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Scanable Topics - Take One

Scanable Topics - Take One

Mike Lenhart

For a long time now, I’ve been a scanner. I find many things in my world, mainly printed, that I just have to keep for possible future use. So, I scan them and file them away. Granted, I am sort of a saver, hoarder if you will, but I always feel I will need these items at some point in the future. Many of them I don’t and I forget about them. But, I thought that, in order to use them and do something with them, I’d write a series of entries on the various things I’ve scanned and tell you about them. This time it’s all about classic movie poster art.

A while back, I had a calendar that came with 12 monthly 11 × 17 posters of movie classics from the ‘30s to the ’50s. I got this calendar not only for the visual and artistic beauty, but also for some education. It’s nice to have some art to look at in a given month, other than the date.

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These posters were really pretty and communicated a lot of information in one sheet. They were colorful, visually stunning, and graphically represented information about the film so the intended audience would go and see it. Remember, these posters were rendered by hand in those days and needed a different kind of talent than we have today. If you look closely at these hand-done works of art, you may see minor flaws or overprints in the ink, but these are part of the overall beauty of the posters.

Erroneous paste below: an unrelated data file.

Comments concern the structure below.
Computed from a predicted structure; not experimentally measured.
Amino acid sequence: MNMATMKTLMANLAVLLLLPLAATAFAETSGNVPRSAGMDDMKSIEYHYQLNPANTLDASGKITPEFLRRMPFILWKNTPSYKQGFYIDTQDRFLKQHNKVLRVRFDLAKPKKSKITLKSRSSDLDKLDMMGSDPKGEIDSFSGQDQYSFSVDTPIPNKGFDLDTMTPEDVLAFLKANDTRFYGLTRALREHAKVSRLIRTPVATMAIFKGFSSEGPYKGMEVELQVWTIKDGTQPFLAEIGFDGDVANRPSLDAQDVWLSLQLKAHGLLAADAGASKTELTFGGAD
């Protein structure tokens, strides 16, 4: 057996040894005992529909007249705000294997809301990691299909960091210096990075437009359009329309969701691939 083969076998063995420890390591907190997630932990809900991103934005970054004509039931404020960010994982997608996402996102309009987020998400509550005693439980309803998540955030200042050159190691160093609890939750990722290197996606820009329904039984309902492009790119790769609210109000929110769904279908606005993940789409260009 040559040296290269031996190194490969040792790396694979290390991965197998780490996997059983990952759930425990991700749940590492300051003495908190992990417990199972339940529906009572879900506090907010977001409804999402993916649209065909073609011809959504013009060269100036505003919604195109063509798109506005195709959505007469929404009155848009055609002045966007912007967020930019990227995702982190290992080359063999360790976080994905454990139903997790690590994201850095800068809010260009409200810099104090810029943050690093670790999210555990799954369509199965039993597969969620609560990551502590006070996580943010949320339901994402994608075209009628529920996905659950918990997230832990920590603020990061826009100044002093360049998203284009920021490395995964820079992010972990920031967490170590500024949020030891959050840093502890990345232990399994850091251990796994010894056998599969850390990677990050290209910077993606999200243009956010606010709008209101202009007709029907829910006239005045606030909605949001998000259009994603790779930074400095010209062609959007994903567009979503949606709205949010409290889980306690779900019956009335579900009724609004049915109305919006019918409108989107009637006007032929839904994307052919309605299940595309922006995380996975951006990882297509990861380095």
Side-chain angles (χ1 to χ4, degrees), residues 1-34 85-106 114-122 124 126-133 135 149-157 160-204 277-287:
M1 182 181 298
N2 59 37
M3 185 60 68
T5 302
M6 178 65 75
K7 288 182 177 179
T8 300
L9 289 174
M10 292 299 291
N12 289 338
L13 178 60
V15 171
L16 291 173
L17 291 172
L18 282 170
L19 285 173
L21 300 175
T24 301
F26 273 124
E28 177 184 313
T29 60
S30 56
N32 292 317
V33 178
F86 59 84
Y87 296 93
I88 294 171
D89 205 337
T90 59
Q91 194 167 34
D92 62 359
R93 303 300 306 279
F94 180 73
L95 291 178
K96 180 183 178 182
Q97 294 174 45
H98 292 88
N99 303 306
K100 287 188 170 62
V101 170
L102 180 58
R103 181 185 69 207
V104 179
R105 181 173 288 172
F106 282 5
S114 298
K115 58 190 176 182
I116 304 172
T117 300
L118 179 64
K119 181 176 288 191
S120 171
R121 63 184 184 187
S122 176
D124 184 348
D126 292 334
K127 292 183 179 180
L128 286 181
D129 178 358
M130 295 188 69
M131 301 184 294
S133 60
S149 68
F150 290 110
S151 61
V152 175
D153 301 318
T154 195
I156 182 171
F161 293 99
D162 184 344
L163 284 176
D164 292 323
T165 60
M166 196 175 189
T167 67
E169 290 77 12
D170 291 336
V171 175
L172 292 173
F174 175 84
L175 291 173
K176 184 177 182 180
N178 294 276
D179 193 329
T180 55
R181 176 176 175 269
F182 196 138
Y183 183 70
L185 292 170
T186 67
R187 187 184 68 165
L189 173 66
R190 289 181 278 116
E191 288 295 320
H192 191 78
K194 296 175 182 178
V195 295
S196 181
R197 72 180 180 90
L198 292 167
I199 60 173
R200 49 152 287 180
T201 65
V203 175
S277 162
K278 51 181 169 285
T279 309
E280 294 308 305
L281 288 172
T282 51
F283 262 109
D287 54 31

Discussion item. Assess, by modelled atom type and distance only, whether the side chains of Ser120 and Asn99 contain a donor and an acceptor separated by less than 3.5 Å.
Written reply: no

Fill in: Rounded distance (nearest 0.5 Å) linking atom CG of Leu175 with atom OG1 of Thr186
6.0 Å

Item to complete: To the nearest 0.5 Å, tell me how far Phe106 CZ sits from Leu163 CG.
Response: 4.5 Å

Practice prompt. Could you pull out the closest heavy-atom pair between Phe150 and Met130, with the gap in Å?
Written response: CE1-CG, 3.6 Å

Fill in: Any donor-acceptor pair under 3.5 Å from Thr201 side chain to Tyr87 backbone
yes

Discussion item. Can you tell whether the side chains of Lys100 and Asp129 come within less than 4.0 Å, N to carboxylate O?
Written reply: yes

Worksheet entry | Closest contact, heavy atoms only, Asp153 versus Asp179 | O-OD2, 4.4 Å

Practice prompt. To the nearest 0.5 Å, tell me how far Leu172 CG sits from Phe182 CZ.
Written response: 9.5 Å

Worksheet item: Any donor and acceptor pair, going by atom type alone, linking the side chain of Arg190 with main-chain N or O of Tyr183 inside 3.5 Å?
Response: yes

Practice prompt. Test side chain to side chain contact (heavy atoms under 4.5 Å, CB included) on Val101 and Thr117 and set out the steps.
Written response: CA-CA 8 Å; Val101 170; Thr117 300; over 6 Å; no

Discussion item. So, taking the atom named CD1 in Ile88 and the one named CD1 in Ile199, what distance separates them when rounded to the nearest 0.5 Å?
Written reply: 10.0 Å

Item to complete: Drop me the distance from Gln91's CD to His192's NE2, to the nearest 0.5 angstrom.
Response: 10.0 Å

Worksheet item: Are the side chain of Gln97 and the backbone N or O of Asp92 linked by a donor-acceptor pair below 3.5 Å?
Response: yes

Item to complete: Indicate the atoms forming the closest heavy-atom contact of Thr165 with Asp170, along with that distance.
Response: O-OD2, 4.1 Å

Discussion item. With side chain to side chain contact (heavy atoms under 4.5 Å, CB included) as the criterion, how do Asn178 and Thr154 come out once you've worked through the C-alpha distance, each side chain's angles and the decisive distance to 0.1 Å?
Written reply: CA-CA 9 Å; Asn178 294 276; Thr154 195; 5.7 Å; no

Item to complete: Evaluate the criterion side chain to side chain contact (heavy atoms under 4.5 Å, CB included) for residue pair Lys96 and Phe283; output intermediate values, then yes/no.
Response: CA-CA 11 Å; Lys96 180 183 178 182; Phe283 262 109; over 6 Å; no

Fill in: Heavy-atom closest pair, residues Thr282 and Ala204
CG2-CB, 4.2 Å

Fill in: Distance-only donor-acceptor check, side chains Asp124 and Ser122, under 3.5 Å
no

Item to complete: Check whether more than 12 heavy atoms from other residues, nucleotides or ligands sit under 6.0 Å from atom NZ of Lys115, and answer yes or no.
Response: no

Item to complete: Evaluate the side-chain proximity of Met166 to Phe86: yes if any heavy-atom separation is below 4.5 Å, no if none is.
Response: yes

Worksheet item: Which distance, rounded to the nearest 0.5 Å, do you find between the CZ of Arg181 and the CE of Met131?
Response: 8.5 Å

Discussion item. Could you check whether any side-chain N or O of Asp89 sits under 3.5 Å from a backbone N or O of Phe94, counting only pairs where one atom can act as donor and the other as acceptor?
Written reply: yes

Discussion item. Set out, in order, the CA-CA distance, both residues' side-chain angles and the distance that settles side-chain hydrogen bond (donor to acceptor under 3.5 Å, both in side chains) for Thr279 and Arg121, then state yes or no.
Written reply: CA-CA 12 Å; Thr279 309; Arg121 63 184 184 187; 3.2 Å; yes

These works of art had to conform with the standards of the day, such as proper name placement of the stars, studio, director, name of the film, etc., while maintaining balance and continuity, especially if there were a series of posters. At times, the posters were a little more risque and didn’t follow the norm, but we all know what sells.

Look at the movie posters of today. They’re all computer-generated and meant to appeal to an entirely different culture. Yes, I know that they’re a heckuvalot more detailed and intricate than those of yore, but they’re just not the same. A lot of us, including yours truly, would be put out of business if these computer-based designs weren’t the norm. But, wouldn’t it be nice if we had more of a throw-back to the movie posters of the ‘40s like "Singin’ in the Rain" and “’Til the Clouds Roll By”? It would be nice if movies were made like those these days, but that’s another story.

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So, my suggestion to graphic design professionals, both young and seasoned (old), is to take time to look at the old-school drawings and posters, pre-computer, to see the beauty and imagine the execution of them. They may inspire you in your own work. Heck, it may also get you to see some of these old classics again for the first time. They’re a nice diversion from the special effects and violence in the movies of today. A good showtune is never a bad thing.

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